|Still no ship|
The ship remains where it was the last time I made a post. We've heard a little news, and seen a few photos, and even flown a plane over to their position to see if we could work out a way through for them. That little jaunt told us exactly what the satelite images and ice plots suggested: that there's no way through. The ship's crew and passengers had an interesting Christmas, and we enjoyed a day off that we weren't expecting.
Christmas was, well, Christmas. Stashes of wine appeared from the woodwork, those that had presents opened them, those that didn't made jokes about Santa's big red sleigh being stuck in the ice. Outside it was white, but not snowing, blue skies and a gentle wind making perfect conditions for a long cross country ski then the maiden flight of the larger of my two kites -- I'd been keeping it away until it was warm enough, and the little one is so much fun I never quite felt the urge to upgrade. Slightly exhausted I sat down for a relaxed meal with the rest of the base, enjoyed some fresh carrots, and nattered about this and that. Not at all like being back in England. The day itself, as with every day here, was fairly normal, but then every day here is a tiny bit special.
Of course I miss dashing around the country to visit my family and the warm meetings with old friends to relax and regenerate while another year rolls around. At Halley that's replaced by a comfortable feeling of friendship, the knowledge that we've struggled together through the same problems, that we've survived our stint at life where no man should be living and that soon some of us will plunge back into that small world as others prepare to rejoin the fast life of the wide world back home.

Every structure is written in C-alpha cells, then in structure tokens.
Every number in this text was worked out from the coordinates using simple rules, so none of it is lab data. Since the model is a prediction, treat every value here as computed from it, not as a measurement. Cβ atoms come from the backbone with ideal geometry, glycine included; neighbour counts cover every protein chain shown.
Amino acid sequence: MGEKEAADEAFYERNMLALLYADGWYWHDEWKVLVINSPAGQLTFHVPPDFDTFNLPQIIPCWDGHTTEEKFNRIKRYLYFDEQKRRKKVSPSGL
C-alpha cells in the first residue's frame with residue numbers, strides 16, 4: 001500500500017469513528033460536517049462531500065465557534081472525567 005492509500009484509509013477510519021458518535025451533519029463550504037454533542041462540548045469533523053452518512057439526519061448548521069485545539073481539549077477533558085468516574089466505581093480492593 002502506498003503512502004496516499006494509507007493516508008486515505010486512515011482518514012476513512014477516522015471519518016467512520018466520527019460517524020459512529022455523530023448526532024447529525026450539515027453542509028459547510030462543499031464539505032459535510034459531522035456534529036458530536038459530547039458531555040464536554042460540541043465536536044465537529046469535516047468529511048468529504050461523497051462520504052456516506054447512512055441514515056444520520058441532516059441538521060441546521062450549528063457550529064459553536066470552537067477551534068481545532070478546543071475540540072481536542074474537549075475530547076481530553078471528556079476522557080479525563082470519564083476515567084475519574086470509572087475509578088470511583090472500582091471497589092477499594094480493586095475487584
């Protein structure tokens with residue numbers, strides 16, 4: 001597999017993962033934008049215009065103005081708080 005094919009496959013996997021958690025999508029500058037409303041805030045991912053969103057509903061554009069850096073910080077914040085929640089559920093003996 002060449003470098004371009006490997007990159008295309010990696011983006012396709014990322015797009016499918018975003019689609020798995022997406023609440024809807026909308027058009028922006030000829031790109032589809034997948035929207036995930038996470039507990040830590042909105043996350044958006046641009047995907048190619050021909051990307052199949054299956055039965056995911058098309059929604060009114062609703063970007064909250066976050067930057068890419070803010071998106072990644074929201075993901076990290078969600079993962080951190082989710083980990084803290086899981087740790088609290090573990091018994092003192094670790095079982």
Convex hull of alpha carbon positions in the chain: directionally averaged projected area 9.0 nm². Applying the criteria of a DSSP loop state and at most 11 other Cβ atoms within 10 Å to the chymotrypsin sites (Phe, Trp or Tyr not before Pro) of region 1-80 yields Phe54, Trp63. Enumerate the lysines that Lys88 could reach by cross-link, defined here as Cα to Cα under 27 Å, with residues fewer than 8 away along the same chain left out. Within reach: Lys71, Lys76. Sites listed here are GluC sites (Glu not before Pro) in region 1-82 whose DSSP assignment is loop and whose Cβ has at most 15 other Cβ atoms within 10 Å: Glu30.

On boxing day we were back at work. I spent the day laying out the site for a radar we'll be installing once the bits arrive. Carefully surveying the positions of each antenna and ensuring that they were orientated with true north using a sighting compass, GPS time and some shadows. The site is now prickly with cunningly marked poles, and festively fenced about with a wall of red flags. A patch of snow on the perimeter is now a patch of snow pregnant with purpose.
Our sometimes accurate weather forecast predicts that we're in for a spot of windy weather over the next day or two, winds that might just be strong enough to push the ice field away from the coast and allow the Shackleton to finally arrive. While we've still plenty to amuse ourselves with down here, the delay is slowly turning from a welcome haitus into a troublesome wait. Each extra day will force more work into the summer season, making a mad panic into a hectic nightmare. Eventually the ship will have to return to the Falklands to fuel up, and the rumour mill is generating millions of bonkers schemes to save the day, but for now there's enough time for a little miracle to part the frozen seas, and nothing we can do but wait.
|^Back to Top^ | © Alex Gough 2006-12-29 | RSS 0.91 | RSS 2.0||In which it never gets dark|